Show-stopping trees can be the stars of your garden, from a pink-flowering Japanese apricot to the flamboyant crape myrtle.
Clockwise, from upper left, Stewartia, a member of the camelia amd franklinia family. Crape myrtle, flamboyant from late July through September. Prunus mume, a relative of the flowering cherry. Abbey Jane Brody Photos

With smooth bark (perfect for carving hearts) native beeches grace hidden and peaceful woodlands. Chris Chapin hails their primeval beauty.
A mature beech forest
Above: The South Fork’s natural landscapes are surprising as this view of a pond ringed by beeches attests. Inset: A mature beech forest is open and park-like. Durell Godfrey Photos
There are Buddhas and bronze monkeys in this enchanting garden, but the specimen trees — evergreens and magnolias and yellowwood — came first.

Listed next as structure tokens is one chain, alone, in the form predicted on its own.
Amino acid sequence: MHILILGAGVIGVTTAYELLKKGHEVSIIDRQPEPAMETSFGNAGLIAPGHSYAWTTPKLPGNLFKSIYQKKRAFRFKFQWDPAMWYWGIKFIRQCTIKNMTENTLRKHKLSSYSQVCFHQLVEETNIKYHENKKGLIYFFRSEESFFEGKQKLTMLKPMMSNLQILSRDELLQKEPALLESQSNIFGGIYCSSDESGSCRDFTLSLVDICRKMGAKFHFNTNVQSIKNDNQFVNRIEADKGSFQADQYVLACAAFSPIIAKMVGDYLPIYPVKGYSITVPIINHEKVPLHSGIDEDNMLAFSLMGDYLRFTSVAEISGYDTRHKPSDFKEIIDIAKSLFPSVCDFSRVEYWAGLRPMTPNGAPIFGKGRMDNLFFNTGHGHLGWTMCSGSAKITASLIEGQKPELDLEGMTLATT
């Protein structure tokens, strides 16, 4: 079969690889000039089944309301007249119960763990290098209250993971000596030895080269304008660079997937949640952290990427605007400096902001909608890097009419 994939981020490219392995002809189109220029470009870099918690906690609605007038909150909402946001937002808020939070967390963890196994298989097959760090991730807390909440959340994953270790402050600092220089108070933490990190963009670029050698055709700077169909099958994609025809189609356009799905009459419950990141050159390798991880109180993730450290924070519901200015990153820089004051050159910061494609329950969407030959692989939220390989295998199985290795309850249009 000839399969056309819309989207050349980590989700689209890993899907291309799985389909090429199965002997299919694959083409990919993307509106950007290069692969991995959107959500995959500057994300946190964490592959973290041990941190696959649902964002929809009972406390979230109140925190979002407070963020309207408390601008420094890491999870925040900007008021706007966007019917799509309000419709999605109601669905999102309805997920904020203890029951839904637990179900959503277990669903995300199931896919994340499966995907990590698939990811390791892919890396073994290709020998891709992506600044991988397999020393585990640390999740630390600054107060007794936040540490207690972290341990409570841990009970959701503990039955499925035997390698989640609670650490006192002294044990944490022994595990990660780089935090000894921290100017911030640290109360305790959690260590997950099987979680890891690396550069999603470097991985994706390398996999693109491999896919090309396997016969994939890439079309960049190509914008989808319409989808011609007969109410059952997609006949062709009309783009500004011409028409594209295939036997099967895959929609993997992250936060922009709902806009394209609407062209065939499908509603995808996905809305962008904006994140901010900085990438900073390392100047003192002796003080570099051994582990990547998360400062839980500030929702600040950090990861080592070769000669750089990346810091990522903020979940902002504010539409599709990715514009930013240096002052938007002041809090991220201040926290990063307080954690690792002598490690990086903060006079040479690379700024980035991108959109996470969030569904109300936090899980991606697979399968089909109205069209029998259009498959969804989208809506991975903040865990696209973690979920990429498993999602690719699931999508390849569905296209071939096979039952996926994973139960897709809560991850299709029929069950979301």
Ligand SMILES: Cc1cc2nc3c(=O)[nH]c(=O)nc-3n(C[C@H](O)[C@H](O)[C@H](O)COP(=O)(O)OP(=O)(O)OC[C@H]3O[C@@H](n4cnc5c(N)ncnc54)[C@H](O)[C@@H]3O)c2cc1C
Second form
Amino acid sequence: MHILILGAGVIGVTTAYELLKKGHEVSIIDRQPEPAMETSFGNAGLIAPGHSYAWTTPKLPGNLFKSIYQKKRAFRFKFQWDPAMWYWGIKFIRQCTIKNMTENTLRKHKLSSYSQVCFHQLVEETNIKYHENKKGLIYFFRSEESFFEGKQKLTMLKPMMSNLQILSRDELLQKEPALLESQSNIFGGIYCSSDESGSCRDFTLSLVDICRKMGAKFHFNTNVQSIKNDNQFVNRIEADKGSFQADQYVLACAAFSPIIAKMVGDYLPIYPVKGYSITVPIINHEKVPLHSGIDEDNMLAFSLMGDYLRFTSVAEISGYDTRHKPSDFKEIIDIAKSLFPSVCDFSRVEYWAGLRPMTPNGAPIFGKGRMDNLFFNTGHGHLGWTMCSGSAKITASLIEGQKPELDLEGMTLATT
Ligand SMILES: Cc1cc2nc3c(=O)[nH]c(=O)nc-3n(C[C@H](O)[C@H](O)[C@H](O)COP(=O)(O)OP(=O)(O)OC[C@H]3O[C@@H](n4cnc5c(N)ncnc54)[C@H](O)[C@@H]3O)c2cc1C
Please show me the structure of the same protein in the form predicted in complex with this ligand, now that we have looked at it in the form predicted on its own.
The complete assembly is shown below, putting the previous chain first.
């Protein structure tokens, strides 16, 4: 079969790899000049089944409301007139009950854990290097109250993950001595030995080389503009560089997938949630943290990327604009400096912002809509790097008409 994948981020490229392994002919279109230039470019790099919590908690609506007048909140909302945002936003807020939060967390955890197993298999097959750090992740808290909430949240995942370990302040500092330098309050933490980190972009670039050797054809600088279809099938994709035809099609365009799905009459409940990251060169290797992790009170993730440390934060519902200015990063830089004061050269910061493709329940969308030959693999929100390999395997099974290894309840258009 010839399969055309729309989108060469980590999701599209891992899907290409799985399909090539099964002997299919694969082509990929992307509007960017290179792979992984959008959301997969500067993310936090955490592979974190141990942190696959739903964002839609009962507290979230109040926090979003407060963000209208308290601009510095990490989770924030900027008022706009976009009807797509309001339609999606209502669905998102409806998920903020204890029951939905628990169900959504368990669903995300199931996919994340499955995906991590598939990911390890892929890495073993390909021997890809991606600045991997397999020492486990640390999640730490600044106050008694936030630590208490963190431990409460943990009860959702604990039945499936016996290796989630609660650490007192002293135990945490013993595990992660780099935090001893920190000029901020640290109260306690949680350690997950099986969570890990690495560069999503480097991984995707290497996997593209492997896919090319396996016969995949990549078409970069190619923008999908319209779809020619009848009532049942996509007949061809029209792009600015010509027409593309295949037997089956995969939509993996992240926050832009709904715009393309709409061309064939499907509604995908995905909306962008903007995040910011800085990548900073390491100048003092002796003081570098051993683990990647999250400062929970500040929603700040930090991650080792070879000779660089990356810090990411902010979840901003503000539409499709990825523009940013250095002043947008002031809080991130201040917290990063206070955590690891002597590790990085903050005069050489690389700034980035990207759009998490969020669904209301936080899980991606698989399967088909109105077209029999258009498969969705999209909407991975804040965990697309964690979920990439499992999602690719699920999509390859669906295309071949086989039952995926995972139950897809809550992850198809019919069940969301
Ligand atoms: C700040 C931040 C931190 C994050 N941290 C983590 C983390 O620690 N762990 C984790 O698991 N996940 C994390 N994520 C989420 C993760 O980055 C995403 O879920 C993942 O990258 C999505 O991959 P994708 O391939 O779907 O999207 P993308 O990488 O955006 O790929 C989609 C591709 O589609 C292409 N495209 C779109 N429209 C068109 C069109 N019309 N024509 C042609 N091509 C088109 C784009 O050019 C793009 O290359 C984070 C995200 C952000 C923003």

Southeast Asian sculptures
Southeast Asian sculptures take their ease beneath a canopy.

An inspirational art-photo show at LongHouse urges us to honor the ‘living reminders of our heritage.’
Huntting Lane before the 1938 Hurricane.
East Hampton’s Main Street, looking south from Huntting Lane before the 1938 Hurricane.

Ever wonder how our emblematic trees survived disease and hurricanes? Remember the eco-warriors of the L.V.I.S.
The ladies of the East Hampton Village Improvement Society
The ladies of the East Hampton Village Improvement Society have tended our street trees with love, and money, since about 1907.

Carissa Katz learns the ropes of recreational tree scaling — and finds peace (and a priceless view).
Hither Woods oak
Even a novice can get up in a Hither Woods oak. Jeremy Samuelson

Black Frost: White Lawn
November surfcasting
David E. Rattray